Hockey is a game which U.S. boys want to play. For those who play football in the fall it becomes a natural body-contact sport in the winter." When he made that comment not long ago, Clarence Campbell, president of the National Hockey League, was hardly foreseeing that rosters of professional teams like the tough and polished Boston Bruins (pages 30 through 33) would soon be staffed by former American schoolboys. But he was reacting to the spectacular recent growth of hockey as a sport for boys in many parts of the country. For instance, 95 of 603 registered hockey teams in Minnesota are school teams. In Boston the Metropolitan District Commission plans to build three more rinks.
Nonetheless, most schoolboy and teen-age hockey in this country has been seriously handicapped because 1) basketball is so much easier and cheaper to organize, 2) inconsistent winter weather in most areas makes dependence on natural ice precarious, which in turn 3) forces any budding hockey program to depend almost wholly on the availability of artificial ice. And artificial ice doesn't come cheap. An open rink costs in the neighborhood of $100,000 to build and another $2,000 or so for annual maintenance. As a result most schoolboys get their hockey through municipal recreation departments or in leagues sponsored by commercial and fraternal organizations, and games are held on any available public ice.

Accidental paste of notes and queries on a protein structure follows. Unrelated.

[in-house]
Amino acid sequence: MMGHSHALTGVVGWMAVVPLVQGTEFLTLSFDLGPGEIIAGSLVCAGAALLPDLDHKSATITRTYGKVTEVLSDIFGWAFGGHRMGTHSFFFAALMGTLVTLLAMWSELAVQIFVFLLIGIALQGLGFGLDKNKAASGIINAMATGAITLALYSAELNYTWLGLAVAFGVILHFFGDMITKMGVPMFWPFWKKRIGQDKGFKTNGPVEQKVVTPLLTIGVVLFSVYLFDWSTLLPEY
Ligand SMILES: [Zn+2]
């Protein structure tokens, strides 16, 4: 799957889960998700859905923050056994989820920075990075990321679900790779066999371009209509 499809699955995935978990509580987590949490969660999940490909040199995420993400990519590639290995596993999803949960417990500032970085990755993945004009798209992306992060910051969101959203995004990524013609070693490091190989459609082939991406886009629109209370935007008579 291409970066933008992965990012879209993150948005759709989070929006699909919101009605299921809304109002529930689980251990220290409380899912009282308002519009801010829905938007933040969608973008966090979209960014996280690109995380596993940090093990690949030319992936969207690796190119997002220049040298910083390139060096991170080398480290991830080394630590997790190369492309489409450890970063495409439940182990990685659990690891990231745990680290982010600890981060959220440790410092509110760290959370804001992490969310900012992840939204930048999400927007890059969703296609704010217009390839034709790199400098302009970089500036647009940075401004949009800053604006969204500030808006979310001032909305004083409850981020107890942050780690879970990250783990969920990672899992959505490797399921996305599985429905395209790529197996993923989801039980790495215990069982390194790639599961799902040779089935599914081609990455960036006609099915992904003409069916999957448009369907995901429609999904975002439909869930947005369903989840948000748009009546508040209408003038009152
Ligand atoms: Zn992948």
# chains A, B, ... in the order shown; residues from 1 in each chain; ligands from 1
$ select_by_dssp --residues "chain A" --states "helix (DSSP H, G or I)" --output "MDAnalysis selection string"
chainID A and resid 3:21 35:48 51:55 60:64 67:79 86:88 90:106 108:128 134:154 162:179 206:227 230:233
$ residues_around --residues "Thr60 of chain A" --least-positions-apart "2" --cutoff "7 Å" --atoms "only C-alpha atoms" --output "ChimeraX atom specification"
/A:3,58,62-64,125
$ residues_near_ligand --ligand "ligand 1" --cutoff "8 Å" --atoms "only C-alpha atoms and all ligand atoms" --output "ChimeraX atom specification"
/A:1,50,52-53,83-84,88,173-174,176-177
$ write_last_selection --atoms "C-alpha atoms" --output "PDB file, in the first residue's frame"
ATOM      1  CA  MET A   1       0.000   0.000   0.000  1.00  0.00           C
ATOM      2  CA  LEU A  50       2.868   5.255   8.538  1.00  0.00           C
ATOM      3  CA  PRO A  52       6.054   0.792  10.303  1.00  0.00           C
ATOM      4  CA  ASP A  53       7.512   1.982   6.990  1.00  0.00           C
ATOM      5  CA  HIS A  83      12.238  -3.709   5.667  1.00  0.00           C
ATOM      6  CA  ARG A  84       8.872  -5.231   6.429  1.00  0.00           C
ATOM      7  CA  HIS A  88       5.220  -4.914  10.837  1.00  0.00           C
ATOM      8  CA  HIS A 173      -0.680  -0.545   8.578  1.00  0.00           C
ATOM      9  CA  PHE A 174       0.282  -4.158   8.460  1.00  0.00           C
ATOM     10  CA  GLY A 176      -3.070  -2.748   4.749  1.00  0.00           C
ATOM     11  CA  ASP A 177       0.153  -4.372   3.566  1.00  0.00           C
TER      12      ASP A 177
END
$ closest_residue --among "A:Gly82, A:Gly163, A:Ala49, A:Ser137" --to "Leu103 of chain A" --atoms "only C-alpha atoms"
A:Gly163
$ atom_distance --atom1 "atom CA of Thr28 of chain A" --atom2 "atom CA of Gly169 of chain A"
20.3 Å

Of all U.S. schools lucky enough to afford artificial rinks, none boasts the deep-rooted hockey tradition that is to be found on the beautiful 1,500-acre campus of St. Paul's School in Concord, N.H., where the photographs on the opposite and following pages were taken during last season's popular Midwinter Weekend. Although the first official hockey game involving St. Paul's students was played in 1896 (the artificial rink wasn't opened until 1954), the sport was introduced at the school—and quite possibly seen for the first time in this country—as far back as 1870, when masters and boys indulged in shinny games on Lower School Pond. By 1884 the school's own rules dictated that the leather-covered wooden puck in fashion in those days would be batted around by two teams of 11 boys to a side. Two Canadian students helped refine those rules in 1890, the first game was played six years later, and the SPS boys have been hard at it ever since. Today St. Paul's, with 350 of its 450 students playing hockey on 33 teams on six rinks, is recognized as not only the most hockey-minded American prep school but also the team with the best year-in-year-out record. In two of the three years it has entered, St. Paul's has captured the Lawrenceville Invitational Tournament. Over the years SPS has won 168 games while losing 92 and tying seven. Most of the losses, moreover, were to Ivy League college freshmen squads, whose stars, more often than not, were themselves former St. Paul's skaters.
Although St. Paul's has, from the beginning, led the prep school hockey movement in New England, the campus at Concord is by no means the sole eastern incubator for future college hockey players. Among other schools with artificial ice are Lawrenceville, Choate, Taft, Hill School, Andover, Exeter, Deerfield, St. George's, St. Mark's and Groton. Many others, in planning ahead, have listed hockey as a future must. Some schools are experimenting with a relatively inexpensive portable rink. Other schools with tight athletic budgets are also looking to developments which could lead to cheaper hockey programs. For the economics of the game alone prevent its popularity from being even greater.